Paraphrasing Nick Szabo here, a brilliant computer scientist. One good way to estimate the potential of bitcoin is by asking how many people can use it? The dollar, though widely adopted, can’t be used by everyone. Bitcoin however, can. From a New York penthouse to a small African village, as long as there is a phone and a data plan, bitcoin is utilizable. And already, smart phones are in nearly every pocket, even in Africa, and worldwide internet might already be on the horizon.
Who is the head of bitcoin?
Well, no one is the head of bitcoin…and everyone is. Bitcoin’s governance is like that of a classroom with a teacher who believes discipline and structure is detrimental to kids’ developing “creative abilities.” With this setup, the likelihood of these kids achieving anything more collaborative than large scale crayon fights and collectively raiding the goldfish stash is low. The likelihood of them colluding, organizing, and overthrowing the school is also incredibly low. Their inefficiency and communication limitations protect the institution — which in this metaphor is the school. With a central figure like a teacher, we’re trusting them to use their power responsibility. One malicious teacher could conceivably raise a rabble of organized, violent students with chaos on their minds (just take a look at most public schools). That’s the difference between centralization and decentralization. Centralization requires trust. Trust in a government, trust in a third party, trust in a person, trust in an institution. Not like that’s every backfired (*cough* Bernie Madoff, ’08 crash, Enron…).
Bitcoin is decentralized. Trustless. Decisions regarding the future of the currency are made collectively by the miners, users, and other participants. Language, culture, time zones, motives, and lack of collective incentive keep them generally honest. The massive amount of computing power required to overwhelm the network prevents corrupt single powers from ruining it for everyone. Though the system is inefficient, just like in the classroom, the likelihood of all of them working together in some malicious manner is nearly impossible. Just like how the Founding Fathers crafted Congress to be intentionally inefficient in order to prevent rogue players from causing catastrophic harm, bitcoin’s inefficiency is its strength.
I can’t stress this point enough. I will devote another article to it specifically as we move past bitcoin and into blockchain applications. Decentralization is the most secure security method. It is the backbone of blockchain.
How can bitcoin change?
The fact is that bitcoin will need to scale and change, so decisions will need to be made. And this is a central question in the bitcoin community. How should bitcoin scale? By scale, I mean how should bitcoin grow and evolve to accommodate the influx of new users and investors. If it can’t scale, it can’t be a currency. Since no central figure makes these decisions, it falls on the shoulders of the community — and just like anyone who has volunteered for their school board knows — community decision making can get ugly.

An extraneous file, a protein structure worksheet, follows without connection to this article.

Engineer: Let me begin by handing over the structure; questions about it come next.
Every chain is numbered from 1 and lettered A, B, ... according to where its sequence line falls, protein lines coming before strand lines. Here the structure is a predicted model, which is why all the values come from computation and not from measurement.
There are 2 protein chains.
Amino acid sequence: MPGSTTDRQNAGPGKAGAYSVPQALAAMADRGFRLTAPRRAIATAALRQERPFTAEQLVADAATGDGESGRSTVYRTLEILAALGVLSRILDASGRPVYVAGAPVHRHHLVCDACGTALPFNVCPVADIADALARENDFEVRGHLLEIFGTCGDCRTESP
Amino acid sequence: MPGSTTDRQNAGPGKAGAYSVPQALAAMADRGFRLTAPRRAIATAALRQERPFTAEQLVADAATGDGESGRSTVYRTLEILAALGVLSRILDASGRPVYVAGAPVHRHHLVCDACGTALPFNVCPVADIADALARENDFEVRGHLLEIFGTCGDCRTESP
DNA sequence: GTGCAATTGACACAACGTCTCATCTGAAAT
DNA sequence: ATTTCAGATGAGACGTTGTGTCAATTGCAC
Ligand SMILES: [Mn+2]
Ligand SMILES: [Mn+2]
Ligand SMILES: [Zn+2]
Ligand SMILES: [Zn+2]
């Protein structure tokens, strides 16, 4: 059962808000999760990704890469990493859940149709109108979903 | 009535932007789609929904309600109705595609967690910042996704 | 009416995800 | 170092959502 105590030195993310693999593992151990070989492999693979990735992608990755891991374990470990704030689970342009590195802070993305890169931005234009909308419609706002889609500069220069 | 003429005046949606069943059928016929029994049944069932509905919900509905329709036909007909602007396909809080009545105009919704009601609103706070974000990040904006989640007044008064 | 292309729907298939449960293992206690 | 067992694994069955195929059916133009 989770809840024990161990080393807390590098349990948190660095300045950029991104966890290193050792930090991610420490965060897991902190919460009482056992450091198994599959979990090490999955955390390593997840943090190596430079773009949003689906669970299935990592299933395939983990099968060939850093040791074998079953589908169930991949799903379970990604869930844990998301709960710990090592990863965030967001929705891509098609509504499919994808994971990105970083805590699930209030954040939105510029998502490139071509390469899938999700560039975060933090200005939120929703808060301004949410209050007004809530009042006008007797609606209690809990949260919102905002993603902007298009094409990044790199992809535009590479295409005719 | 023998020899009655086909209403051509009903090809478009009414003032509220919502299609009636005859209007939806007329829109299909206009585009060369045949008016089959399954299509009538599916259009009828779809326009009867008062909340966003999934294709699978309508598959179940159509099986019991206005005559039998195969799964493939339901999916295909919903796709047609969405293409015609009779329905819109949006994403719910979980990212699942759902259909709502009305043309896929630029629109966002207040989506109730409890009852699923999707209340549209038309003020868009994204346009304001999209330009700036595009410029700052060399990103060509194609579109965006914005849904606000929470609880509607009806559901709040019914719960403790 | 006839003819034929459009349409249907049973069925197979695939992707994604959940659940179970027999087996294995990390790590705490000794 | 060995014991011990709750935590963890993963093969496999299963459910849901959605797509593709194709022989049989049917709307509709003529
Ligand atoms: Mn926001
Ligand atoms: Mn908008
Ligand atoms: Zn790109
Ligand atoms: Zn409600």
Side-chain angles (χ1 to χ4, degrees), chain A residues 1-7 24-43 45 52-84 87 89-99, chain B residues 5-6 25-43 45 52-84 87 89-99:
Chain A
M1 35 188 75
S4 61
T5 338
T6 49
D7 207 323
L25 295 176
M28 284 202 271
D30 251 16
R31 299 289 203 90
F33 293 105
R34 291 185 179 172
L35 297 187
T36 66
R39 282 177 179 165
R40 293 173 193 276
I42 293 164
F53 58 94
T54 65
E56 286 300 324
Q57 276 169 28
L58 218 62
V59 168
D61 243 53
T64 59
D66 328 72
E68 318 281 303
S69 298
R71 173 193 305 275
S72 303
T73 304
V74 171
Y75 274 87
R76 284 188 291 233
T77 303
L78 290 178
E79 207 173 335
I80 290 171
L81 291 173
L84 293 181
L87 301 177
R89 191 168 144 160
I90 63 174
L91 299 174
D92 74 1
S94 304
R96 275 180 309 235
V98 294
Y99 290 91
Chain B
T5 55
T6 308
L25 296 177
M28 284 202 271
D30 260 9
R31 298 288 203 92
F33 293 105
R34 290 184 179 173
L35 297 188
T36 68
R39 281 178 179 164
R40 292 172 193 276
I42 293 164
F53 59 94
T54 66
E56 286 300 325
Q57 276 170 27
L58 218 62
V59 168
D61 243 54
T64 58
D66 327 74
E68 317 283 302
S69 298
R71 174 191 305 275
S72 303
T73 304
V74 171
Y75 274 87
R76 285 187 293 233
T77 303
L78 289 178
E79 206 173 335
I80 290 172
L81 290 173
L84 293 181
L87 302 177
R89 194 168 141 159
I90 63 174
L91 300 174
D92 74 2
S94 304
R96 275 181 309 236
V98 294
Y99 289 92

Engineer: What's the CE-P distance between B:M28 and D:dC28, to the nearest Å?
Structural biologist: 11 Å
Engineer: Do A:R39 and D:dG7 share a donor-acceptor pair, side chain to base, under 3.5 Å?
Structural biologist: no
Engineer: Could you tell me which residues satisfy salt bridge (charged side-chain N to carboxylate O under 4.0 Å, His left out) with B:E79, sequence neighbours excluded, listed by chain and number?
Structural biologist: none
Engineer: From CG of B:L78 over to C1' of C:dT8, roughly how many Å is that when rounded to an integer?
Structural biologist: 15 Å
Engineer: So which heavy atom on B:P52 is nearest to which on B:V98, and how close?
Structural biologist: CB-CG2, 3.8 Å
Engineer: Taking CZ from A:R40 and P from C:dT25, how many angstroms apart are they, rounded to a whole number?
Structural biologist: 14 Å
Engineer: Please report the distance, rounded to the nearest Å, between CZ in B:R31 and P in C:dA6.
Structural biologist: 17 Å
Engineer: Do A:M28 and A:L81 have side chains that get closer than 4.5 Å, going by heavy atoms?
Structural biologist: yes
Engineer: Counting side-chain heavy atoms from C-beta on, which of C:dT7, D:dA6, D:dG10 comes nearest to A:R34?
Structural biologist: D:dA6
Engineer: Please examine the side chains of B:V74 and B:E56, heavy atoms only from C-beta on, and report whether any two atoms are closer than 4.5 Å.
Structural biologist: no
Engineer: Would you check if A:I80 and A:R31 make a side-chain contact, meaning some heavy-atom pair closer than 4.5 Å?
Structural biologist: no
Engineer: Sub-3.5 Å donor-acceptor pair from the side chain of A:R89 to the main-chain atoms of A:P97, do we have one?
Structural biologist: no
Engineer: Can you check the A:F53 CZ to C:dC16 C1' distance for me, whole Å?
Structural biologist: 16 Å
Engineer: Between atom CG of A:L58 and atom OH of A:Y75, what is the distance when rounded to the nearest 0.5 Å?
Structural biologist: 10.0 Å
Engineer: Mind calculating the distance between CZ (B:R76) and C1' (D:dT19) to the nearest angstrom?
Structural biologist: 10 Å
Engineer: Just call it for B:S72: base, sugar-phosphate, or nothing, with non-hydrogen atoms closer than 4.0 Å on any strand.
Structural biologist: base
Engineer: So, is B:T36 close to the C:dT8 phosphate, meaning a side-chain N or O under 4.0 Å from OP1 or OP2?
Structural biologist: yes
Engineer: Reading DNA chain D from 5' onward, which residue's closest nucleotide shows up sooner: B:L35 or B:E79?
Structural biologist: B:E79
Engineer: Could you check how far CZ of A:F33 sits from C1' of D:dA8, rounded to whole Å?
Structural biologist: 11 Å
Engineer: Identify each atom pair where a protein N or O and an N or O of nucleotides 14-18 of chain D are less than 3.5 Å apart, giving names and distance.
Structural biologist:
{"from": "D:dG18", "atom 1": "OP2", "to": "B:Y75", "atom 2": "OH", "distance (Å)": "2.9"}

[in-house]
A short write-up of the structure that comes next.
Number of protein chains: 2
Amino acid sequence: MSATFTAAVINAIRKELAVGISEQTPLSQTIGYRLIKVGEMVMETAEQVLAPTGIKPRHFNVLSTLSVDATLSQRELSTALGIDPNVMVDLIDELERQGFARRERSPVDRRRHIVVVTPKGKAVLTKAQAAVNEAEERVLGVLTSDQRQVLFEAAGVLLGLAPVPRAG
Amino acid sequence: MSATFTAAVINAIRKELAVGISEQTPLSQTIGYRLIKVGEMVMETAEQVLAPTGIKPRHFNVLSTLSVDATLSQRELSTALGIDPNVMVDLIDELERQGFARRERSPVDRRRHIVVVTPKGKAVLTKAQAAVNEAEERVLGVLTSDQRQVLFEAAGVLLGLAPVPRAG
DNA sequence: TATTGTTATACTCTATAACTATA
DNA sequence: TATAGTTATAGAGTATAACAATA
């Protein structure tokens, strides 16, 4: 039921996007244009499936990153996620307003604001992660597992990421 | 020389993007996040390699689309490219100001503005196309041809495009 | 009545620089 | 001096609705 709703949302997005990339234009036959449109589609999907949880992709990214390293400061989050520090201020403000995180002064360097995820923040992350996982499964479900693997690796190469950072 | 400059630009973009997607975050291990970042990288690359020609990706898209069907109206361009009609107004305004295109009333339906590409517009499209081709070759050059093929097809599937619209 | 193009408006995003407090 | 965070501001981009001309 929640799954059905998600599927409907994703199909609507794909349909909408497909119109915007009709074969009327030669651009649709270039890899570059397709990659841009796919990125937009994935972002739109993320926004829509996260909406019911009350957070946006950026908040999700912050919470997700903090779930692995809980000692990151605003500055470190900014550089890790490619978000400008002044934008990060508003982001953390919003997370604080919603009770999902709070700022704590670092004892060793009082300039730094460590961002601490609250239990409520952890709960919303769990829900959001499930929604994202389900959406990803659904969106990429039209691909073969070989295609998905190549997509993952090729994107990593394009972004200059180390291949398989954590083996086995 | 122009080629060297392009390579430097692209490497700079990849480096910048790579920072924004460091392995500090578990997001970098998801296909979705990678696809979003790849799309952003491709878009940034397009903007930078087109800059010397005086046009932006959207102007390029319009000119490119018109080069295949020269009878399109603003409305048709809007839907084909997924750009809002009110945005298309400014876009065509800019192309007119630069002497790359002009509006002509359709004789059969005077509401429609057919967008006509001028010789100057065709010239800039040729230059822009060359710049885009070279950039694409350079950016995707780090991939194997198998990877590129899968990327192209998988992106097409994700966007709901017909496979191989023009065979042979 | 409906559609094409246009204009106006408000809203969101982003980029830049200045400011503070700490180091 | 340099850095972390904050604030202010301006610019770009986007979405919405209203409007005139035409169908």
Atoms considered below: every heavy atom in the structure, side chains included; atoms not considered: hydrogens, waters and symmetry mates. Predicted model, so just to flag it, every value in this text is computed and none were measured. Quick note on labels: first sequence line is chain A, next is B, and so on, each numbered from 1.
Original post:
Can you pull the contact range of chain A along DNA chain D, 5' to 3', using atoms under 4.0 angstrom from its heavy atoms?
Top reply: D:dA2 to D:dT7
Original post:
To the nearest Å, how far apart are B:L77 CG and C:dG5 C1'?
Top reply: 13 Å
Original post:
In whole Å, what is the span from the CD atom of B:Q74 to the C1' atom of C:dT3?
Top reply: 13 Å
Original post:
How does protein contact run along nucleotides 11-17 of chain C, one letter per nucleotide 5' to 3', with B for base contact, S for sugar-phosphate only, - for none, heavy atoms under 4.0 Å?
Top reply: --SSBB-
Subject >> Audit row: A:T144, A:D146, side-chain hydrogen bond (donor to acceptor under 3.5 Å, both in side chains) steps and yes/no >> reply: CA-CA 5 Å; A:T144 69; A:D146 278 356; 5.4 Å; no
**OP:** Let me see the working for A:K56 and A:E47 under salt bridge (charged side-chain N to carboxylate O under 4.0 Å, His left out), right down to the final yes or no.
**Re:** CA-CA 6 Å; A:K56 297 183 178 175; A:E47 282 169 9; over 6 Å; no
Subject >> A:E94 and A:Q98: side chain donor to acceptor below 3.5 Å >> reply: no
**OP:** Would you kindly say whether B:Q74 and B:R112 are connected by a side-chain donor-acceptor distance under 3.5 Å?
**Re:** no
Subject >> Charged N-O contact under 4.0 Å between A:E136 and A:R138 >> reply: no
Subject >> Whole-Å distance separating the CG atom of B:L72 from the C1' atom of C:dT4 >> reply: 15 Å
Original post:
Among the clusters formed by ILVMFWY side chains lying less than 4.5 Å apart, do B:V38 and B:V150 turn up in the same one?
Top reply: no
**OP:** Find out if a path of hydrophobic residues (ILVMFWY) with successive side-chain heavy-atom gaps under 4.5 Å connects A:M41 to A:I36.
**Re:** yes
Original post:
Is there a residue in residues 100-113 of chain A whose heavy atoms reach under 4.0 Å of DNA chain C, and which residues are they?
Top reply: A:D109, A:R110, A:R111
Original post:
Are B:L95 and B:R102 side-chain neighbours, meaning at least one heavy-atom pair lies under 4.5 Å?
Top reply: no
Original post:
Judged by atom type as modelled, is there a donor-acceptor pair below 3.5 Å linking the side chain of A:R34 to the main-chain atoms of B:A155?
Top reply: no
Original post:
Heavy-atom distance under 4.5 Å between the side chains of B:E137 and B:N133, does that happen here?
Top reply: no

So when bitcoin wants to change, it’s called a fork. On a side note, there is such thing as both a hard and soft fork. For simplicity’s sake, when I say fork, I’m referring to a hard fork. I’ll explain the difference at a later point.
A fork is a change to the bitcoin code. The analogy I like is that of an iPhone update. When a new iOS comes out, it’s not like the old iOS stops working. Check out your parents’ phone for an example of this. Those who like the new iOS update their phones. Those who don’t like it (or don’t understand how to use iTunes) can keep using the old one. However, unlike with iOS where two phones running different iOS still are compatible and can talk to one another, bitcoin cannot. When bitcoin updates, it effectively creates both a new and old bitcoin. They aren’t compatible, but both can still be used.
So how do we decide which bitcoin is the real bitcoin? Well, it depends which bitcoin gets the most use. Because a symbiotic relationship exists between users and miners, and they both rely on exchanges to offer bitcoin for sale to the public, which bitcoin gains dominance depends on which one users, miners, and exchanges use. If they both get a significant following, then we get two bitcoin (usually one with a slightly different name).
The major debate right now is between whether bitcoin should scale to be a usable currency or maintain its status as a stable, decentralized, digital asset. While most agree that bitcoin must undergo some changes, how exactly those changes should happen, and who should make the proposals, is controversial.
Ah, the summary. Where I validate myself for writing such an informative article and you realize how little of what we covered you actually understood. Today I hope we learned why bitcoin is worth something, the major debate within the bitcoin community, some of bitcoin’s limitations, who leads bitcoin, and how bitcoin can change and scale. Not everyone who invests in bitcoin understands these topics — I would even say most don’t. But I think there is a huge advantage to those who do. So pat yourself on the back, pour yourself a glass of wine, and climb into that bubble bath…you’ve earned it.
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Disclaimer: This is not investment advice. Do your own research.